The name of the new facility, Elbowoods Memorial Health Facility, is from the community of Elbowoods, which had a hospital with the same name. Elbowoods, which was flooded when Garrison Dam was built, was the headquarters for all of the Indian agency's programs. The hospital closed but a clinic operated there until it was moved to New Town in the 1950s. The clinic operated in New Town in a small building, then moved to the Bureau of Indian Affairs Administration Building before the Minne-Tohe building was built.
"This is being named to commemorate the hospital we lost," Foote said.
The new health facility will focus on preventive health, wellness and education, Foote said. "But it will have extended hours 24/7 emergency medical services." He said there will also be ambulances and garages at the site.
The entire health-care facility will be 43,000-square-feet, which is six times larger than the present Minne-Tohe Health Center. Some programs that do not exist now in the Minne-Tohe center will be provided in the new facility, including eye care and audiology. A physical therapy program, which is not offered at Minne-Tohe, will be located in the Northern Lights community building west of the new health center.
The existing Minne-Tohe facility is being looked over for converting it to tribal programs and also renovating it for the dental program, Foote said.
Once everything is set up and finalized, Foote said tribal officials also are looking at opening up the new health-care facility to nontribal members as well. The Minne-Tohe serves members of the Three Affiliated Tribes and other American Indian tribes.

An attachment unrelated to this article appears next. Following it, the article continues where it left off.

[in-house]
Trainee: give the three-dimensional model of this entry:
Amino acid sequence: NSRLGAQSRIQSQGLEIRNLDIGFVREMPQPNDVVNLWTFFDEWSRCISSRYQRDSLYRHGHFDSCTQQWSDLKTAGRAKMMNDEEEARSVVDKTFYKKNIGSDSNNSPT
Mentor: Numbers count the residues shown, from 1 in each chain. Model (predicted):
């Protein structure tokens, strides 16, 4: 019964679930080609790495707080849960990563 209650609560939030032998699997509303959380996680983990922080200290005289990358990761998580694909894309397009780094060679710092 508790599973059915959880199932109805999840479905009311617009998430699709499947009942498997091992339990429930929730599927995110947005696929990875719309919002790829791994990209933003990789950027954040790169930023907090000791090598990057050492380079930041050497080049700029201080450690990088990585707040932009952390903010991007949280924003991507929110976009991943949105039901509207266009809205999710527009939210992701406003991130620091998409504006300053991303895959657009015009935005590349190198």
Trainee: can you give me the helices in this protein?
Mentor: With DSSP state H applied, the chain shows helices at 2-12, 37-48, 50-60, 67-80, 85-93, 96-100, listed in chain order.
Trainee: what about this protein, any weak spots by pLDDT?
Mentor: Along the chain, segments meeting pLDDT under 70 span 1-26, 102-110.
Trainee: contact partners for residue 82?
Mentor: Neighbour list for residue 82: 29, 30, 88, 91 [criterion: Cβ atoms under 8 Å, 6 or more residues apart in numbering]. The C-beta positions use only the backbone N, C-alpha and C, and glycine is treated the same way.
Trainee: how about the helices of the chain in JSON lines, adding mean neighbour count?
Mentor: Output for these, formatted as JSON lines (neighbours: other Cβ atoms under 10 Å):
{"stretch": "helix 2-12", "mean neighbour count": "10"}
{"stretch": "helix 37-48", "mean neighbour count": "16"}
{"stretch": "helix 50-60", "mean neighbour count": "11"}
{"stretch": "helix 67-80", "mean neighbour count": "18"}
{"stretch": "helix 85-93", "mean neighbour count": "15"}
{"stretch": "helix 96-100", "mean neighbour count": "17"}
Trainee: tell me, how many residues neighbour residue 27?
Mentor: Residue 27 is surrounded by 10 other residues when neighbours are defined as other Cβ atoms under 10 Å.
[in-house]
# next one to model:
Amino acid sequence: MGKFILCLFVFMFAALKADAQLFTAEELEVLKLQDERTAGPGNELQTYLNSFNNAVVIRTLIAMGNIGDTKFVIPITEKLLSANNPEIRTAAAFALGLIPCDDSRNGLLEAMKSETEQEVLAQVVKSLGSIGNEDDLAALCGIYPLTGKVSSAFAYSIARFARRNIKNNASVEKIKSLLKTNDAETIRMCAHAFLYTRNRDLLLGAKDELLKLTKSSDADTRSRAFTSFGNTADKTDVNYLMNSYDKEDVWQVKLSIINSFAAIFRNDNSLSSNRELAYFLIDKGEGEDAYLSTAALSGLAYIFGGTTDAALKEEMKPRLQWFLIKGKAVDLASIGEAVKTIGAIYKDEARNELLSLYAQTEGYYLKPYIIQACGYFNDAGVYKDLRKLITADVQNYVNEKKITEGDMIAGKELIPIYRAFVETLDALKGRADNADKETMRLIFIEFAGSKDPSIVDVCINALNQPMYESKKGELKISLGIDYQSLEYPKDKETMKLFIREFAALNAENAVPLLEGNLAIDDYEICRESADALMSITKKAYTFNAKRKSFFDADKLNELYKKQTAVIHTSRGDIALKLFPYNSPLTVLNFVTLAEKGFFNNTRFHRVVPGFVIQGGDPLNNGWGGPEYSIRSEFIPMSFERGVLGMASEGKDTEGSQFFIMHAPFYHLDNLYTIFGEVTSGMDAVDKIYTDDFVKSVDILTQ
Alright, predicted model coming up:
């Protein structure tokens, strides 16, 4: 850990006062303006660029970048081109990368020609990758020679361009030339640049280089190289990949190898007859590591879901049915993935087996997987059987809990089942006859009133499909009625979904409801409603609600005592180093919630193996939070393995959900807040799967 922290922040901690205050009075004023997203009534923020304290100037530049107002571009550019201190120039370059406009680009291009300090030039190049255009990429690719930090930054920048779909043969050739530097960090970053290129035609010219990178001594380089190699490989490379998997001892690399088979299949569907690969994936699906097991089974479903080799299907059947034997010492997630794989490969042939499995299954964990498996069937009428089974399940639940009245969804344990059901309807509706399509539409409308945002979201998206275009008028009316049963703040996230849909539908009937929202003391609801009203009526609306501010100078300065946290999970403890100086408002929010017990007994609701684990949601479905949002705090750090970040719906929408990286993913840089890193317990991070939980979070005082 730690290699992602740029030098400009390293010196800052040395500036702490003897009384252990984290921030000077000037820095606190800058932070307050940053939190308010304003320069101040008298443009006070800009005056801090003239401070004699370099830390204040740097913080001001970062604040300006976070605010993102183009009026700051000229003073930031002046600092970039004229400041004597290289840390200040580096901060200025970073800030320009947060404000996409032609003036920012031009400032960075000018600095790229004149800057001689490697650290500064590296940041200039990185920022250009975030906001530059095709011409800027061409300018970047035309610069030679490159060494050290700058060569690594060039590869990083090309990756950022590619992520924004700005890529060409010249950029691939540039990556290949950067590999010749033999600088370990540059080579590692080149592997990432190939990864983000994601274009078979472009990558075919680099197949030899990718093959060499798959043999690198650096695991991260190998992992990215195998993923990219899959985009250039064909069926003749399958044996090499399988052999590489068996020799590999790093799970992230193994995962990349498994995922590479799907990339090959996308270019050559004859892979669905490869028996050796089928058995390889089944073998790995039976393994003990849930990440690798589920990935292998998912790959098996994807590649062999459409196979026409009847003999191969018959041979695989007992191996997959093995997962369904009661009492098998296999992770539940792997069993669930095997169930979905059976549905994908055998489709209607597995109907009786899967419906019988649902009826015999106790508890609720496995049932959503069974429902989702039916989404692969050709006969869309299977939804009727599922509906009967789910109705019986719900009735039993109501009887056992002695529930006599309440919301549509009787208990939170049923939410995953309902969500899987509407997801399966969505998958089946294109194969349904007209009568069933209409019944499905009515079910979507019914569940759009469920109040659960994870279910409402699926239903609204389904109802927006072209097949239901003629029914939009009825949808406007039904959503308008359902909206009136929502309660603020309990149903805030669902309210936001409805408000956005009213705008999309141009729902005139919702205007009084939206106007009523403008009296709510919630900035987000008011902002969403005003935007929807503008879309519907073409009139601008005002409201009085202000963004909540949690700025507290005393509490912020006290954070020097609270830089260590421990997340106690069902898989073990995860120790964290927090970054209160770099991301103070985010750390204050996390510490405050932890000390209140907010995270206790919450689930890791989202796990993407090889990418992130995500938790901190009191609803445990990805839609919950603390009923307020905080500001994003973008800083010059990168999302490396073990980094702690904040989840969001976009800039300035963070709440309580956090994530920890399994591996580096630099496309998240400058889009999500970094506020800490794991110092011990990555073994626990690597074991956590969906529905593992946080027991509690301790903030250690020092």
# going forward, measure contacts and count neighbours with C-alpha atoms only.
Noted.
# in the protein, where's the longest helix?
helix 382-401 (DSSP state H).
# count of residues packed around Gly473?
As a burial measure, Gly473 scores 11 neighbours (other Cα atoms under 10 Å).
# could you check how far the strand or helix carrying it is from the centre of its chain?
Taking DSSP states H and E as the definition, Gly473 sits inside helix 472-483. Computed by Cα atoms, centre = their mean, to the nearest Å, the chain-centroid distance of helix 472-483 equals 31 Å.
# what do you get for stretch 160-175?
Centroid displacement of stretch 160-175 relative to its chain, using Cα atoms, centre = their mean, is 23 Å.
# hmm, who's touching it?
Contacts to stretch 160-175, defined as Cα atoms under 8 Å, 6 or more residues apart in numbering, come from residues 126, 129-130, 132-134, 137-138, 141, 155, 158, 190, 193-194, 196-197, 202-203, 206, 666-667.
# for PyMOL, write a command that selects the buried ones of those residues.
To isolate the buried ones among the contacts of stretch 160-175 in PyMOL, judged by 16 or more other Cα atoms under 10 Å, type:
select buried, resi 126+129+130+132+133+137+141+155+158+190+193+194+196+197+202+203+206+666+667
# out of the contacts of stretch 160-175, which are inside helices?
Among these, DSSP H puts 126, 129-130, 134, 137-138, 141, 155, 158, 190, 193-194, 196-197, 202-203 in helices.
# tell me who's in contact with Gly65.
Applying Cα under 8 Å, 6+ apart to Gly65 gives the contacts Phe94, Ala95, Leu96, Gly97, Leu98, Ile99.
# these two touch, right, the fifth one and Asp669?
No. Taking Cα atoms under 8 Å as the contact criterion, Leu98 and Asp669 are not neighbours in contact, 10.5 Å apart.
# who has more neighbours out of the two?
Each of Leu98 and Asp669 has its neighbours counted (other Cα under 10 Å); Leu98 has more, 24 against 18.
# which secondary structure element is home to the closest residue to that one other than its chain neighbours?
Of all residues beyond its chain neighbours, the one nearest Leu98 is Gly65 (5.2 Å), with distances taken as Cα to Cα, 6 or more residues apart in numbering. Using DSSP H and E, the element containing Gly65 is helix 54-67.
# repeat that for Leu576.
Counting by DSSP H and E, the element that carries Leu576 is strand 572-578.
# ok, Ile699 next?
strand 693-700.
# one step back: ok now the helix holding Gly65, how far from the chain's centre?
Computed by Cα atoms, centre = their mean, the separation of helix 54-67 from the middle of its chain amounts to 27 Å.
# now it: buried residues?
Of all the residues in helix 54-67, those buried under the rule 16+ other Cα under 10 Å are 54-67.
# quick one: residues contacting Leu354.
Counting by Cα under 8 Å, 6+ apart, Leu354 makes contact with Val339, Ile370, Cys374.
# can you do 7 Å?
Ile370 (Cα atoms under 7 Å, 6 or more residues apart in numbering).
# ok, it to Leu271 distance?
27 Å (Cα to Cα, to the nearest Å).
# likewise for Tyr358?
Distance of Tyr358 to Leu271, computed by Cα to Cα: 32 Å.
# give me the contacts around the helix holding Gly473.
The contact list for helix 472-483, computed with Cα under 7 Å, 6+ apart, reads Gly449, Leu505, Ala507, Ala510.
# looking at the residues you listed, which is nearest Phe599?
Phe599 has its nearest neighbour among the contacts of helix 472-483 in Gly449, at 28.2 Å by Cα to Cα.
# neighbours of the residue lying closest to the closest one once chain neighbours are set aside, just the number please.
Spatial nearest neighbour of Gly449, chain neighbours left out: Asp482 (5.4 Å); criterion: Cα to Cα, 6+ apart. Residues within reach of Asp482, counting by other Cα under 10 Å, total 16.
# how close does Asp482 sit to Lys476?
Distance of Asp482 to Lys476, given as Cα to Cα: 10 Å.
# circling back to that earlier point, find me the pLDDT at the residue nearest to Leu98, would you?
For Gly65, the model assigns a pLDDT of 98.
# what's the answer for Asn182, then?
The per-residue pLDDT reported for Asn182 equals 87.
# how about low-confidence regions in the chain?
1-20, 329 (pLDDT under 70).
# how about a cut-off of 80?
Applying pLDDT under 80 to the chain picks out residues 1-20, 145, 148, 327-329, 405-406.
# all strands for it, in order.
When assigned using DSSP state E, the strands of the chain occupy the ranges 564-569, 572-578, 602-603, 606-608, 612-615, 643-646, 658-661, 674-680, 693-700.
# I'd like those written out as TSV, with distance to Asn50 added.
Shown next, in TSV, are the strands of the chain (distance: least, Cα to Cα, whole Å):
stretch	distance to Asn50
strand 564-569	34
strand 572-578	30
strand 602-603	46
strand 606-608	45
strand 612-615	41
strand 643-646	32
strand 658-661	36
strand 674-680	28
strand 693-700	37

First phase of project
The first phase of the health-care facility project will include hiring about 80 additional staff members, Foote said. He said there are 38 full-time staff currently at the Minne-Tohe.
A planning committee is working on the new health facility and includes Marcus Wells Jr., chairman of the Three Affiliated Tribes and committee chairman; Roger White Owl, tribal programs analyst; Max Dickens Sr., federal programs chief executive officer; Laurie Alberts, tribal programs CEO; Lisa Redford, director of the tribal Planning and Grants Management Department; Stella Berquist, chief executive officer of the Minne-Tohe; Jennifer Fyten, tribal attorney; Brian Buerer, Minot, engineer with Indian Health Service; Sandy Coulter, planning officer with the Indian Health Service Aberdeen, S.D., office; Annette Youngbird, director of tribal Natural Resources; and Jim Foote, project manager.
The second phase of the project will be siting and expanding the emergency medical service program, Foote said.
Vonnie Alberts, press secretary for the Three Affiliated Tribes, said quarterly updates about the health-care facility project will be provided to the public.
She said visuals of the project will be available in mid-November and displayed in the entry to tribal chambers in the Tribal Administration Building.